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Landowners Hit by Marcellus are Pushing Lawmakers

July 21, 2011

CHARLESTON, W.Va. - The West Virginia legislature is continuing work on a bill to regulate Marcellus shale natural-gas drilling, pushed by complaints from landowners that the process is slanted against them.

The House of Delegates has scheduled public hearings through next week. Previous events have been filled by landowners asking lawmakers to write rules that better protect property rights.

Richard Cain bought 105 acres in Marion County, intending to hunt there and then leave the tract to his sons. He says he could do little to stop a drilling company plan that could eventually take up more than a third of the land, tying it up for decades.

"It's pretty well destroyed right now. I said, 'Yeah you're gonna take the best of the property.' The guy kind of smiled, and he said, 'We'll leave you a little bit.' "

None of the drillers or energy companies returned calls requesting comment. Current law says the firms can do what is "fairly necessary" to the land if they control the mineral rights - but landowners contend that the companies do as they please.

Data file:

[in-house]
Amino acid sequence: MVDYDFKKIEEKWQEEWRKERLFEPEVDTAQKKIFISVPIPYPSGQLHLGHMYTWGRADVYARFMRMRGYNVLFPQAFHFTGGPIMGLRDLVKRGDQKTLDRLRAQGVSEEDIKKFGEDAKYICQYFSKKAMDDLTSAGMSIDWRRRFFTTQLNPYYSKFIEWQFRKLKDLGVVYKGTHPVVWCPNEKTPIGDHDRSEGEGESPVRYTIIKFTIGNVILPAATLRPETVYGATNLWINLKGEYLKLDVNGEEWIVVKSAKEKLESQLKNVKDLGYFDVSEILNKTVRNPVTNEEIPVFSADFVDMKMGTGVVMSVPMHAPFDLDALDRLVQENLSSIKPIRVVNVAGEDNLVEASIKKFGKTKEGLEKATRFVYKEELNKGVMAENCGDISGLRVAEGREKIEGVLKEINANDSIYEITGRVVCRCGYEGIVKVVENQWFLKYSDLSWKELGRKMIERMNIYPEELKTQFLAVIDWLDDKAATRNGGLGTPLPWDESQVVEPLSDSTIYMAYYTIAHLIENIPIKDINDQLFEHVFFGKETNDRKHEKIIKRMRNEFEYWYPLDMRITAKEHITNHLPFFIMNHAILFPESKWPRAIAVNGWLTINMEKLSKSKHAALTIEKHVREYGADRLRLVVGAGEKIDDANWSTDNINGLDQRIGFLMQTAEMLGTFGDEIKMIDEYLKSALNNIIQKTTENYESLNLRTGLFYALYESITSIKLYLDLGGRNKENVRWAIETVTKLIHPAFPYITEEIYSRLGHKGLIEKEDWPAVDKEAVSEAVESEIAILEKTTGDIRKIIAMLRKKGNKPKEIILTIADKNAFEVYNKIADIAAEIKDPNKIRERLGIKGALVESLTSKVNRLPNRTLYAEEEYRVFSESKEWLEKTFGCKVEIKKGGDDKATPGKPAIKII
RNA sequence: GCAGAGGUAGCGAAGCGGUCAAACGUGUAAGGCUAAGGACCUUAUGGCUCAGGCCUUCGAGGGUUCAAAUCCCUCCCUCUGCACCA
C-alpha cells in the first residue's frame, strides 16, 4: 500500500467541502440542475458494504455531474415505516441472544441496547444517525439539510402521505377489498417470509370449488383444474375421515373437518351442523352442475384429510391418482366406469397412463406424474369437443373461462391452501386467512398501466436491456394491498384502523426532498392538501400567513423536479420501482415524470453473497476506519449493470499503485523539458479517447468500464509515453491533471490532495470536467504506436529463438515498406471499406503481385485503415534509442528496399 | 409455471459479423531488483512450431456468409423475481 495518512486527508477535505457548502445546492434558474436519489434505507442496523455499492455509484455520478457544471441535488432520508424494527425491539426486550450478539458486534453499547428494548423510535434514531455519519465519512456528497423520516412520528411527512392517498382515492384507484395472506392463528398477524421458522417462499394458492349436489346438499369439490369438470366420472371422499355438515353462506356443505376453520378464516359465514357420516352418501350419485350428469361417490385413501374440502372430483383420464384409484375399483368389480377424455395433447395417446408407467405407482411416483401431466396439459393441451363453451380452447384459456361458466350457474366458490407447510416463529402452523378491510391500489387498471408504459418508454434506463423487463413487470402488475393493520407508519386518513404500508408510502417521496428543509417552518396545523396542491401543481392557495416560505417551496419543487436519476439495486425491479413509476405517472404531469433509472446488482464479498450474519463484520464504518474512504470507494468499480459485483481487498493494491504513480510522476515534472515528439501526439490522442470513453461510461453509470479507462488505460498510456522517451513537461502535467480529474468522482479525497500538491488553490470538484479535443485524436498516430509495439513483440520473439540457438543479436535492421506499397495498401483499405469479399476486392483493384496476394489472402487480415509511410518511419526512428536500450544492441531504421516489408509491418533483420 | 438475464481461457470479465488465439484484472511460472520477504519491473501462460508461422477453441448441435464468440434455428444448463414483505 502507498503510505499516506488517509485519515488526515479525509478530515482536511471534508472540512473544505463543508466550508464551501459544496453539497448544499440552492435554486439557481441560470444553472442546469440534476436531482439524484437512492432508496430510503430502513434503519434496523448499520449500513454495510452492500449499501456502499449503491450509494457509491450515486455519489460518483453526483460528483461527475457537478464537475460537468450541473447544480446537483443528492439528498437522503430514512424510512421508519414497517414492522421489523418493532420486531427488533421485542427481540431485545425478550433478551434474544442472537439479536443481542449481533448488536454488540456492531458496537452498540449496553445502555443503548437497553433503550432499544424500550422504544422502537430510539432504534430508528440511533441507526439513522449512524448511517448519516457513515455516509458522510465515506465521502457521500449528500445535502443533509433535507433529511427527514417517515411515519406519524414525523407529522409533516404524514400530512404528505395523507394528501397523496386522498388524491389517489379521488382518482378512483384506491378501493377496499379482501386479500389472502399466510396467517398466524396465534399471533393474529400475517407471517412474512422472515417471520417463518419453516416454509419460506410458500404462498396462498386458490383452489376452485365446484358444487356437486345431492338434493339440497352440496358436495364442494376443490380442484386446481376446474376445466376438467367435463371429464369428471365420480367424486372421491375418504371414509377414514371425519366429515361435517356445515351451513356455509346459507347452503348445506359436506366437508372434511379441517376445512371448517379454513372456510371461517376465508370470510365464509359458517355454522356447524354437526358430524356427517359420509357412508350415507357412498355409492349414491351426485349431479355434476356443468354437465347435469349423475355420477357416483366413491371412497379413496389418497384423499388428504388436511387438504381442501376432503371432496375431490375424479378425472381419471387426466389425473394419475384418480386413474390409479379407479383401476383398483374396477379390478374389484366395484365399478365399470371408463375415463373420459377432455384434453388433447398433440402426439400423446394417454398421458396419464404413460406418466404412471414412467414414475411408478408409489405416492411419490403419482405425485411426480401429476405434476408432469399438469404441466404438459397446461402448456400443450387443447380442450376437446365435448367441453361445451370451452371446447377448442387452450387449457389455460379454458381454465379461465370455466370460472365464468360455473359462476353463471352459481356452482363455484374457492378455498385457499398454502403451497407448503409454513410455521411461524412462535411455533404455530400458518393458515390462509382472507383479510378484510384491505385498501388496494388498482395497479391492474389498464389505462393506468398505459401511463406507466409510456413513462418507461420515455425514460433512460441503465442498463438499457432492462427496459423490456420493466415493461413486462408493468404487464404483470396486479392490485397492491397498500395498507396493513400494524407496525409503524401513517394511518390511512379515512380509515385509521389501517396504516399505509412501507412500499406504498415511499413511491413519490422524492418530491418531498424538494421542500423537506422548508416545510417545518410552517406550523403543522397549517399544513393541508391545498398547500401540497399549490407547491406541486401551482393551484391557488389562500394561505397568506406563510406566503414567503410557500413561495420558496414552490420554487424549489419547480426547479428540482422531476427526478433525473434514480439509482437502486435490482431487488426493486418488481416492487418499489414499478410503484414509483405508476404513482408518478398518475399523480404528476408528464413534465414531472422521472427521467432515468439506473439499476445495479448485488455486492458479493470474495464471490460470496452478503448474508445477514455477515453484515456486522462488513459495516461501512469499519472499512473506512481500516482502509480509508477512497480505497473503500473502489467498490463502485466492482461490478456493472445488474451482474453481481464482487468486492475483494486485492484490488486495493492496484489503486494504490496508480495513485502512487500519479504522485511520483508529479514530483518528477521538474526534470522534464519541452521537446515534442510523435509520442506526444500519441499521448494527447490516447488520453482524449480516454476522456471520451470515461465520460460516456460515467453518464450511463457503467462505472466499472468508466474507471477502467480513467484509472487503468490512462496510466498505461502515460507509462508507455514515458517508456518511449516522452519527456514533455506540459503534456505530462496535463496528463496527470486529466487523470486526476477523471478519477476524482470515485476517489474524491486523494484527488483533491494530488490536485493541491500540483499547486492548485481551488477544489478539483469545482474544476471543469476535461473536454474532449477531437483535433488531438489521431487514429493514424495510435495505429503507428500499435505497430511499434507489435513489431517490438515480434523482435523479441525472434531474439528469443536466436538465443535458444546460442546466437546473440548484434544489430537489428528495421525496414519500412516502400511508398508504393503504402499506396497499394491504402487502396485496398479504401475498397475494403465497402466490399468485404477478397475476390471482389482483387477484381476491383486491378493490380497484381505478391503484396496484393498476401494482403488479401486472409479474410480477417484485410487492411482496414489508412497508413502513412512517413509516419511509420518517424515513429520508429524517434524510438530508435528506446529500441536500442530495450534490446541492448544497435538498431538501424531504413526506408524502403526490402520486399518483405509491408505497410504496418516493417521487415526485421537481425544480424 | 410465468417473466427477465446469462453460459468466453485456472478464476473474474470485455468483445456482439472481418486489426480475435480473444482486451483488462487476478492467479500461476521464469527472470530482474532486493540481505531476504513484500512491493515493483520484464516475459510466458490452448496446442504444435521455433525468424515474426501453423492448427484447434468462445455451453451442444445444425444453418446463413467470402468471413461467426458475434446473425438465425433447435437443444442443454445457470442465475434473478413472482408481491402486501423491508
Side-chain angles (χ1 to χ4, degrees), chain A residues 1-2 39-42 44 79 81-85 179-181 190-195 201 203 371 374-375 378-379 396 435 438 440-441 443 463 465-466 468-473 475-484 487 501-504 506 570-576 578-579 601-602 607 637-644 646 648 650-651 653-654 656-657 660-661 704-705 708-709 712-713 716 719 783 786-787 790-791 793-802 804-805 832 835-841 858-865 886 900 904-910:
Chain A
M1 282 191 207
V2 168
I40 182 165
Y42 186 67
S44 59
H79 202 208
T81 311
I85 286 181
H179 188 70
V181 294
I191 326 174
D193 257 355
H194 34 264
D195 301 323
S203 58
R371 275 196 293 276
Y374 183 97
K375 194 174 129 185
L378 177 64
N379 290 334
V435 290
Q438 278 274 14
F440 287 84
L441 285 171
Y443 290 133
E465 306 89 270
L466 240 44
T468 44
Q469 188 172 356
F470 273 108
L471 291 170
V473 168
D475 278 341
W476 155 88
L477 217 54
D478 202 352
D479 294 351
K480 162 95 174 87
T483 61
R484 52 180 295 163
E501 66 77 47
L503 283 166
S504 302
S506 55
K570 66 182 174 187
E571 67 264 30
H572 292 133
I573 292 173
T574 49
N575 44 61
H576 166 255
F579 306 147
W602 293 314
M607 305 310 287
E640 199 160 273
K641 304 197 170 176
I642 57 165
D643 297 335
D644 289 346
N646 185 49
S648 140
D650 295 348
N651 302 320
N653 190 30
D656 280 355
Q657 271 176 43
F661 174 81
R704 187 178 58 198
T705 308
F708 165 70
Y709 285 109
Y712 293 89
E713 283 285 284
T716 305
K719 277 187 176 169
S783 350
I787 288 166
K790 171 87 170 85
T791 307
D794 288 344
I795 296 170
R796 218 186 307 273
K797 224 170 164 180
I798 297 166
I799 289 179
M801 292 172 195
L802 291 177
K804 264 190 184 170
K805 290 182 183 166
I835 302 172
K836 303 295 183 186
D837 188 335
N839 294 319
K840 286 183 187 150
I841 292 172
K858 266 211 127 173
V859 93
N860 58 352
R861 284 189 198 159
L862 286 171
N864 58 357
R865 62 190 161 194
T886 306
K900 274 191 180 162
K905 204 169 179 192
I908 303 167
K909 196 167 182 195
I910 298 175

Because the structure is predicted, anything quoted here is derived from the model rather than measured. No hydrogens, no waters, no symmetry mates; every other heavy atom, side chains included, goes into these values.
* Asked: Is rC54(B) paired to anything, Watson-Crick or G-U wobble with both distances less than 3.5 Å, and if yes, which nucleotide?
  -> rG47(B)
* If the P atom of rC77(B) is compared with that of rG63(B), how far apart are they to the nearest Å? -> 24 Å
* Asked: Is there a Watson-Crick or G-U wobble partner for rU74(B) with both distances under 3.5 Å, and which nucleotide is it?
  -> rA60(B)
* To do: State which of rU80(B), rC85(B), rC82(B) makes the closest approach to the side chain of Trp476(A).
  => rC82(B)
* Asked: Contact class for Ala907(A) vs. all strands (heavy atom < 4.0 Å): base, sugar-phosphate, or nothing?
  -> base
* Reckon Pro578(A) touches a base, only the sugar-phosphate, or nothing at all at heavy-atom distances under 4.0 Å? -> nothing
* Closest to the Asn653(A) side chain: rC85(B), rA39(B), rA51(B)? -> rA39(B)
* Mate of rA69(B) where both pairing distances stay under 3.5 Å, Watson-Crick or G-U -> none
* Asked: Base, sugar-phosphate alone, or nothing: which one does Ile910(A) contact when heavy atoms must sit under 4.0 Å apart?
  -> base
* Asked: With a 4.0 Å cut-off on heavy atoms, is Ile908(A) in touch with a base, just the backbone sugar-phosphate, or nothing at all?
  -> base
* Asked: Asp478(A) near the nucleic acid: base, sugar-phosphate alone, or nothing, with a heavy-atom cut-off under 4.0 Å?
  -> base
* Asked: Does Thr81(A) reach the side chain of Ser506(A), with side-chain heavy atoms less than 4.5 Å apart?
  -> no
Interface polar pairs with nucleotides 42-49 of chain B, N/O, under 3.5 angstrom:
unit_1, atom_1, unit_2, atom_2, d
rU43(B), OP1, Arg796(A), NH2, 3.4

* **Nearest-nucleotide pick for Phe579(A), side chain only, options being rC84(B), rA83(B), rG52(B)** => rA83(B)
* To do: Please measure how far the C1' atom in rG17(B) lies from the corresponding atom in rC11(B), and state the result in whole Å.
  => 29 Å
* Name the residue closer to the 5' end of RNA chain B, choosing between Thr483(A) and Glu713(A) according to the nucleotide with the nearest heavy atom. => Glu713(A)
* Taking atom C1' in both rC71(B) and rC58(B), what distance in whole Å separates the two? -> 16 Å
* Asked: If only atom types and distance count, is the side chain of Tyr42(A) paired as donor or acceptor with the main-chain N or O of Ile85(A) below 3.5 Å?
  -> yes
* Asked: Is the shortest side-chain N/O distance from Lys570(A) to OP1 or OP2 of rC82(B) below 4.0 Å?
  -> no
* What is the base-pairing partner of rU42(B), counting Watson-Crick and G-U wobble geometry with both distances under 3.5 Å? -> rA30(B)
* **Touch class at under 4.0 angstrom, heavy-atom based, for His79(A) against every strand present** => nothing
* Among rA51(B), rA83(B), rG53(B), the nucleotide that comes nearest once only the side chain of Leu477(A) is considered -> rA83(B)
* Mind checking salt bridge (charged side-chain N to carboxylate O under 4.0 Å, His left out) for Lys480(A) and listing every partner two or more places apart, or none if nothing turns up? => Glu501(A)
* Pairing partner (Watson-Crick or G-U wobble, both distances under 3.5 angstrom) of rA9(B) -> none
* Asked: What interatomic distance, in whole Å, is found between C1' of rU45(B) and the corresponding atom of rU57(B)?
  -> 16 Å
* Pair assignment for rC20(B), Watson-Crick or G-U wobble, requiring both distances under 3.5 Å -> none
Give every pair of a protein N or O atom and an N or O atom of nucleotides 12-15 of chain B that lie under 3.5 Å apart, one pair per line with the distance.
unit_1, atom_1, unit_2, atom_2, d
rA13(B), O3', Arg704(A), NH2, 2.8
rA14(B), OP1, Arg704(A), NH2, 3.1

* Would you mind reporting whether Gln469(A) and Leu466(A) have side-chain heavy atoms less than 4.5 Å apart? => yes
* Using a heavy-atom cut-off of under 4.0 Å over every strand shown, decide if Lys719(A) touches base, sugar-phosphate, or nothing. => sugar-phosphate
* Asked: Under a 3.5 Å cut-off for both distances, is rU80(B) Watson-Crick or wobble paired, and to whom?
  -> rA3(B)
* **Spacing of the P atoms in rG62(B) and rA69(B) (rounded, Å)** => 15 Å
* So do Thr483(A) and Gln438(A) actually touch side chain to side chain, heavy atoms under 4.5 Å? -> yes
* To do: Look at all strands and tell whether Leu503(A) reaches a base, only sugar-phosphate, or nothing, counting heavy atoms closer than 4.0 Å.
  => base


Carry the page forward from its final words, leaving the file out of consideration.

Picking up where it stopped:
Some landowners complain they have no voice in where any kind of natural-gas production work happens, and only find out late in the process.

Roberta Fowlkes objected to where a planned pipeline would cross a Putnam County farm that had been in her family for generations. Because nobody currently lives there, they didn't even realize the company had ignored their wishes.

"We felt they were going to come back to us to discuss it. They did not. They continued with their plans, and we found out just when we went out there a few months later that they had already installed everything."

The driller determines what compensation to offer the landowner. If the landowner controls the mineral rights, he or she can negotiate better terms. But if not, or if the drilling is to reach gas under a neighboring property, the landowner has few options other than going to court.

That's what Richard Cain is doing.

"In this case, it was ridge line. For somebody else, it could be hay fields. It could be your best part of your farm. That's not right."

In general, the industry has said it could accept what it calls reasonable rules as long as they provide predictable regulations that won't strangle growth.

Hearings are scheduled tonight in Wheeling, Monday in Morgantown and Wednesday in Clarksburg.

Dan Heyman, Public News Service - WV